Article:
• In the following description, for purposes of explanation, specific numbers, materials and configurations are set forth in order to provide a thorough understanding of the present invention. However, it will be apparent to one skilled in the art that the present invention may be practiced without the specific exemplary details. In other instances, well-known features are omitted or simplified to clarify the description of the exemplary implementations of the present invention, thereby better explaining the present invention. Furthermore, for ease of understanding, certain method steps are delineated as separate steps; however, these separately delineated steps should not be construed as necessarily order dependent in their performance. [0033]
  • The following description sets forth one or more exemplary implementations of an On-line Auction Marketplace for Services. The inventors intend these exemplary implementations to be examples. The inventors do not intend these exemplary implementations to limit the scope of the claimed present invention. Rather, the inventors have contemplated that the claimed present invention might also be embodied and implemented in other ways, in conjunction with other present or future technologies. [0034]
  • An example of an embodiment of an On-line Auction Marketplace for Services may be referred to as an “exemplary services auction marketplace.”[0035]
  • Exemplary On-Line Auction Marketplace
  • The one or more exemplary implementations, described herein, of the present claimed invention may be implemented (in whole or in part) by a services auctioning system [0036] 100 and/or by a computing environment.
  • FIG. 1 shows the services auctioning system [0037] 100, which is an implementation of the exemplary services auction marketplace. The system may also be called an on-line auction marketplace or Internet auction. In such marketplace, services 122 are posted for-sale, bid on, and sold via auction (as represented by a virtual auctioneer 124 in FIG. 1). The services are auctioned off.
  • Typically, potential service providers [0038] 140 place services 122 onto the “virtual” auction block of an on-line auction site 120. By way of example (and not limitation), a service provider 140 may be a movie house with advertising space, a newspaper with advertising space, a graphic designer, an attorney, computer programmer, and the like.
  • Potential service receivers [0039] 110 bid (e.g., bids 132) for the services 122. By way of example (and not limitation), a service receiver 110 may be a corporation wishing to better advertise their products, a business in need of a better designed Web page, an inventor who would like to file a patent application on his invention, and the like.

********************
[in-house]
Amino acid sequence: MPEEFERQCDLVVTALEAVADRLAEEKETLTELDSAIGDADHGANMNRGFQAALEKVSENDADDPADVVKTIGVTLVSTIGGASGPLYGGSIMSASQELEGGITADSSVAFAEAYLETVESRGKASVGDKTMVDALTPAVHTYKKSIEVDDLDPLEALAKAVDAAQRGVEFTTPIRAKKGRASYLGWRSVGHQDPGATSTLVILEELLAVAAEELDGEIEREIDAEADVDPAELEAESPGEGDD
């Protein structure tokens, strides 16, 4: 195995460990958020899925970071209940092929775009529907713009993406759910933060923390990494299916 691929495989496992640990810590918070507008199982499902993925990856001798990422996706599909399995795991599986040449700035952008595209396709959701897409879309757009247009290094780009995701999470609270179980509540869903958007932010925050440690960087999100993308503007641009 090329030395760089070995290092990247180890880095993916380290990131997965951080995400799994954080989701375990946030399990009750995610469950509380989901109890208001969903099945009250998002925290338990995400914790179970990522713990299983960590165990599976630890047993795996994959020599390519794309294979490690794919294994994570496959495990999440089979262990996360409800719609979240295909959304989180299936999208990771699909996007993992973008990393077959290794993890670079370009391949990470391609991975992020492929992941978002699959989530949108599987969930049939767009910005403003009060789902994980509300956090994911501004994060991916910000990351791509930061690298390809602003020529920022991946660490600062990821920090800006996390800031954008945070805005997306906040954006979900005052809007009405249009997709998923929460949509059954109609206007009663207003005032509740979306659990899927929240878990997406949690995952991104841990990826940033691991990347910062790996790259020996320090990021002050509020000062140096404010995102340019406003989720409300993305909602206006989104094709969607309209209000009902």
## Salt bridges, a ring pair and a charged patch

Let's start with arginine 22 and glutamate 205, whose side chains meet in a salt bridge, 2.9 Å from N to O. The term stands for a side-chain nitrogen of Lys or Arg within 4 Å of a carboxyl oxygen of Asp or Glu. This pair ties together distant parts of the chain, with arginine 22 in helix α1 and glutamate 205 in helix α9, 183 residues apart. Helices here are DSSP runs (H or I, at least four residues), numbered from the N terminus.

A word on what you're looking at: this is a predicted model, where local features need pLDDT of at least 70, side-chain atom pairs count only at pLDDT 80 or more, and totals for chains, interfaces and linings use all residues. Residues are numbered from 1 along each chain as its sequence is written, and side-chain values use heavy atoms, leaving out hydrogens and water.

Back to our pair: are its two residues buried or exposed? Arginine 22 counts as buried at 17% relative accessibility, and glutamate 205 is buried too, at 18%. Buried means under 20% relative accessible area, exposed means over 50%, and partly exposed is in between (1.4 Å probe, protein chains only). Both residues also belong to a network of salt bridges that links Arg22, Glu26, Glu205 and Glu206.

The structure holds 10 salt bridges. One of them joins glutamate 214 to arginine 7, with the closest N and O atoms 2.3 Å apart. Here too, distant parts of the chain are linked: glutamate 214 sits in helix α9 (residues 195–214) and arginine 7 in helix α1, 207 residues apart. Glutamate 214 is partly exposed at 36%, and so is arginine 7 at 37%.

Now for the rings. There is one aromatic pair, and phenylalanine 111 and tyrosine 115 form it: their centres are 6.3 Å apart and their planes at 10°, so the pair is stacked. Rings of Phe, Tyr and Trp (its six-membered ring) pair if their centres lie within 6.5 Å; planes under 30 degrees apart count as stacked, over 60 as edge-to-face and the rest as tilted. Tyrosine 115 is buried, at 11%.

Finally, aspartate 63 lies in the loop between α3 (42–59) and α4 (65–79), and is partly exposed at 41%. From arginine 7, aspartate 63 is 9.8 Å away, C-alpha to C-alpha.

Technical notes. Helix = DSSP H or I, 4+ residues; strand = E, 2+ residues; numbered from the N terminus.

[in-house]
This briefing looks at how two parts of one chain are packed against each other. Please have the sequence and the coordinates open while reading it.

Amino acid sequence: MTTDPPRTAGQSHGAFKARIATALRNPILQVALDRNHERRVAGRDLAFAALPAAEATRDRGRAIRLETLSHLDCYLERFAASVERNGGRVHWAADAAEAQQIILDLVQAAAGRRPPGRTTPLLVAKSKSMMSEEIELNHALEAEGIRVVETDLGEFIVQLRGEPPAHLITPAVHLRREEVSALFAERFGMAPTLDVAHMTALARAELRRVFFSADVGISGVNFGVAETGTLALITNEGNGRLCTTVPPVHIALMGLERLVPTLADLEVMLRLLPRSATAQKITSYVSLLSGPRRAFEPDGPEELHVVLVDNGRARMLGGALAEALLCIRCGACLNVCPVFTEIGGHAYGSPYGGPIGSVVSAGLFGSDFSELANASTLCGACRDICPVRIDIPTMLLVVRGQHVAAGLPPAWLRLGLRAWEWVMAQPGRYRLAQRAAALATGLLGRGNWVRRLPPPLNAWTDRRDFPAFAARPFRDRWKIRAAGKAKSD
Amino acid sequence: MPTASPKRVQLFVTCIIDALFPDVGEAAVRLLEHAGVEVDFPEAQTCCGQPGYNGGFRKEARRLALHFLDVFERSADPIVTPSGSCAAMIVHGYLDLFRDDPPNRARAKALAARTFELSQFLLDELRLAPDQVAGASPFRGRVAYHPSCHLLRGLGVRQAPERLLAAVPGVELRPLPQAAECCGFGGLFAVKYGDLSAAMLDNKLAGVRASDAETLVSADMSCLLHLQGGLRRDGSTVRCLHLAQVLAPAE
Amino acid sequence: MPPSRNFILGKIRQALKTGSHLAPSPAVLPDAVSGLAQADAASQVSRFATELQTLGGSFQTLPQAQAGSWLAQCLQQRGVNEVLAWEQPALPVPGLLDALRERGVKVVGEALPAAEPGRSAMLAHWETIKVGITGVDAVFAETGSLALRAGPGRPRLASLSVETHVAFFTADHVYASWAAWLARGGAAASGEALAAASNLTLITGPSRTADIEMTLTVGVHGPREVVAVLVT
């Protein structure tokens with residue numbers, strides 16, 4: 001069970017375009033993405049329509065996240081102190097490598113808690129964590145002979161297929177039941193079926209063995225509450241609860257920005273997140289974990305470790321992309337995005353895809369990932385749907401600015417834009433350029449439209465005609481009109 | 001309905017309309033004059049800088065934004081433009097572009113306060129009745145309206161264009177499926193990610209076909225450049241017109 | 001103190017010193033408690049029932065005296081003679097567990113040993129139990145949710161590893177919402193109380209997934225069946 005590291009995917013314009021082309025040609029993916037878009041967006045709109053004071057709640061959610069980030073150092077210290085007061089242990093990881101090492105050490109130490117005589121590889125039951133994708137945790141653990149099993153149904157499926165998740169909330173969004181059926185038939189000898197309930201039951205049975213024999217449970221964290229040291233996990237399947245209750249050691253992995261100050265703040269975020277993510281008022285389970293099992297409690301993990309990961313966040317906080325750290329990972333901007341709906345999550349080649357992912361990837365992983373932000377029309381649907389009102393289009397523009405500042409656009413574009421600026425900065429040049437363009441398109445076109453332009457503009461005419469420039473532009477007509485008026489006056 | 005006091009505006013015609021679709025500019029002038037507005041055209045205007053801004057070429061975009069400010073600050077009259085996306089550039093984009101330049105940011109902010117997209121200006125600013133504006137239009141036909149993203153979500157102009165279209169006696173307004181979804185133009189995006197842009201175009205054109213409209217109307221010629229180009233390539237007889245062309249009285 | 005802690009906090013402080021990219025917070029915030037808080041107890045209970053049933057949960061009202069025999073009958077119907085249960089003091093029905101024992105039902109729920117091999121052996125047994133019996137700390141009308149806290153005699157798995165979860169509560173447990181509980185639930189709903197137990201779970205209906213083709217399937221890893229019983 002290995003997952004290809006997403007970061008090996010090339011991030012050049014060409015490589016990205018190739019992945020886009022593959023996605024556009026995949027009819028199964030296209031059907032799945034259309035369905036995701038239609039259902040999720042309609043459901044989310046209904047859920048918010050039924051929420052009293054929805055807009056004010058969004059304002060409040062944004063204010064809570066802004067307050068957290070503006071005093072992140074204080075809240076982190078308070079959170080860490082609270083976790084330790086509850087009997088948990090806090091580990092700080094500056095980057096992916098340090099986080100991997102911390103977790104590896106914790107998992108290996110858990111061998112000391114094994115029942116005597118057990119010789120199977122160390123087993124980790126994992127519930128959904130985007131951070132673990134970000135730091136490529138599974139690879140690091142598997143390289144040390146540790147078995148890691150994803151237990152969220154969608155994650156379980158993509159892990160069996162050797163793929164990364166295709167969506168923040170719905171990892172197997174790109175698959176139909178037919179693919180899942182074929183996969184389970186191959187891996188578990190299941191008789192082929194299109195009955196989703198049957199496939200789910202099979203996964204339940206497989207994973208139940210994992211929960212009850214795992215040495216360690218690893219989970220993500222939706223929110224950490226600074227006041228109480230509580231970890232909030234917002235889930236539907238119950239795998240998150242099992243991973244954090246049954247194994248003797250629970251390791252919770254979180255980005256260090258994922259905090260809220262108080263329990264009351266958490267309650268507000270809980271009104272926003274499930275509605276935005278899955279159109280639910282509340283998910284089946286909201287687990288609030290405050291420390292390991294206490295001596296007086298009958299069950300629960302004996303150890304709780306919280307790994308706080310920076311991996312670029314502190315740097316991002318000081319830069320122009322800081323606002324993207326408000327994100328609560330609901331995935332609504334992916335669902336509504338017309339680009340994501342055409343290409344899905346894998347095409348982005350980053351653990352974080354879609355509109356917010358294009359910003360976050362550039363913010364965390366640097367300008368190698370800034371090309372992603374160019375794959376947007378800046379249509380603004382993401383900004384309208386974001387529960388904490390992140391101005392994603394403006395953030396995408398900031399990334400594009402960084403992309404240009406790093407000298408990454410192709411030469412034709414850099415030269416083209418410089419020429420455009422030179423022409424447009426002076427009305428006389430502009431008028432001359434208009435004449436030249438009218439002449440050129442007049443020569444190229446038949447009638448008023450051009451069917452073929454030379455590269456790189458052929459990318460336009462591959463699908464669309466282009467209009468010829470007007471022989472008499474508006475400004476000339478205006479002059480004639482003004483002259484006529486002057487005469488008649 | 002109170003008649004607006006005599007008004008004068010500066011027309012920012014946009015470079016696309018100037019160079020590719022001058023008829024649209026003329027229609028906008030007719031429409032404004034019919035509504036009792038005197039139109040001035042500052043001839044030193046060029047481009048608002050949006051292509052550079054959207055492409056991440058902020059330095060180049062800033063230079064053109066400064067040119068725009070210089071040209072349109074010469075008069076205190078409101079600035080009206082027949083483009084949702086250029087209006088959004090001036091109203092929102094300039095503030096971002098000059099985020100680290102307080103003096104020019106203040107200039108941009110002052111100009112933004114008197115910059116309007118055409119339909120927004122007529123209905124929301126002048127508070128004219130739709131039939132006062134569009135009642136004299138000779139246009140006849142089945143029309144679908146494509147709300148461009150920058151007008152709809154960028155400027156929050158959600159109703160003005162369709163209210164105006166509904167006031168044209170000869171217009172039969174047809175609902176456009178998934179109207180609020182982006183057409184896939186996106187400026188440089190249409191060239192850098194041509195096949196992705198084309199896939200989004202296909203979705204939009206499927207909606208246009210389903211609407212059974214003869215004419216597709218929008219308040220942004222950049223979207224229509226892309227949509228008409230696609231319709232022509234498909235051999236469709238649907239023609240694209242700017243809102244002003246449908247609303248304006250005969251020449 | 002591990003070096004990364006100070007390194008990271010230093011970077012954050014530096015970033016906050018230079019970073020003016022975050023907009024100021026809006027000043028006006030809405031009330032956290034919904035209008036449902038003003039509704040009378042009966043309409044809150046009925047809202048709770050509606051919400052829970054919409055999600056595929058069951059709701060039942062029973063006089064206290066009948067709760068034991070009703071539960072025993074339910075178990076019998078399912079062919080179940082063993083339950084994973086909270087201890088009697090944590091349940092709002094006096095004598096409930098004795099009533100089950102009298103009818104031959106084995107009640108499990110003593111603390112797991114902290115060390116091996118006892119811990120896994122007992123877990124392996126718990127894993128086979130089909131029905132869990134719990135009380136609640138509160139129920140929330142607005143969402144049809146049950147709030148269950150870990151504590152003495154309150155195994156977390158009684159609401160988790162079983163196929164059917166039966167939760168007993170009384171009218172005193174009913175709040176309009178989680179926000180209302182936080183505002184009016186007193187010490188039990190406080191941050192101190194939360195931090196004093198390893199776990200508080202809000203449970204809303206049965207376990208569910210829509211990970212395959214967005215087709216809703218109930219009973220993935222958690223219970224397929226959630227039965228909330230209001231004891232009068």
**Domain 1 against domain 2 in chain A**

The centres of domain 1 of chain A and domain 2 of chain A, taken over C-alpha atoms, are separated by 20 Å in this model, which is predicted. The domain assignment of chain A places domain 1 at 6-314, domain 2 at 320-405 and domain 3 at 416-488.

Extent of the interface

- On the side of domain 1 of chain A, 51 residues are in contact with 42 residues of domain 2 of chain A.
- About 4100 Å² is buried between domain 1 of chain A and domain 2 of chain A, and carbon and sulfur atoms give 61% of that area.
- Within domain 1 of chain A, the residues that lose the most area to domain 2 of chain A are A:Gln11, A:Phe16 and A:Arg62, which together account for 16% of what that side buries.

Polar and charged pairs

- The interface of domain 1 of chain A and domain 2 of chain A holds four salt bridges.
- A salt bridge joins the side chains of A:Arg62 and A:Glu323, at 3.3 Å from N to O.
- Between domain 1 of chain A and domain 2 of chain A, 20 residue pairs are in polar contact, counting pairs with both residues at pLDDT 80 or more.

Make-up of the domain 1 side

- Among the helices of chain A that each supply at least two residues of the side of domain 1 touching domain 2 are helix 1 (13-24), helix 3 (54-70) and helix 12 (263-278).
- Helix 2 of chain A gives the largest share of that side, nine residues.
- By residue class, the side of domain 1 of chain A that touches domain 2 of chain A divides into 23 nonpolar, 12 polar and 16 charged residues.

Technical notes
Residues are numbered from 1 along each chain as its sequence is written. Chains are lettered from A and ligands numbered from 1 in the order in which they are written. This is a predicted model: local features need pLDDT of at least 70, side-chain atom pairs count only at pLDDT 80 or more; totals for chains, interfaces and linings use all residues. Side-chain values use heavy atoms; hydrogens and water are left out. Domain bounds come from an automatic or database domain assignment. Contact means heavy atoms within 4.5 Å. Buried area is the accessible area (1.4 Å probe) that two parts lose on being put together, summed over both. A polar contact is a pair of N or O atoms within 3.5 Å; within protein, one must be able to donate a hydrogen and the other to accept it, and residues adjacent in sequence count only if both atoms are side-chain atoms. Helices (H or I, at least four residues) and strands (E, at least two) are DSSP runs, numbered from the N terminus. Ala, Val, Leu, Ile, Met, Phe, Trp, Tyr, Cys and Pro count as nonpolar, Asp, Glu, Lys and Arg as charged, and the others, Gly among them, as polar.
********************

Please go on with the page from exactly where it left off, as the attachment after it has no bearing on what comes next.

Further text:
• The on-line auctioneer [0040] 124 (as part of the on-line auction site 120) auctions the service. Typically, the highest bidder amongst the potential service receivers 110 wins the auction. With payment (e.g., payment 134), the highest bidder may receive the service 122 from the potential service providers 140. Data regarding such transactions are stored in a database 126.
  • In at least one implementation, the auctioned services [0041] 122 are “proximity-independent,” which are those services that need not be performed in a region proximal to the party requesting the service.
  • With proximity-independent services, the nearness (i.e., proximity) of the one requesting the service and the performance of the service is not important. In such instances, the location of the service provider (in relation to the one being served) may not matter. In other instances, one may desire to have a service performed in a location local to the service provider, but distant from the one being served. Examples of such services includes (by way of example and not by limitation) advertising in movie houses, advertising in local & regional media (publications, radio, television, the Internet, and the like), Web page design, patent application drafting, graphic design, computer programming, legal services, and the like. [0042]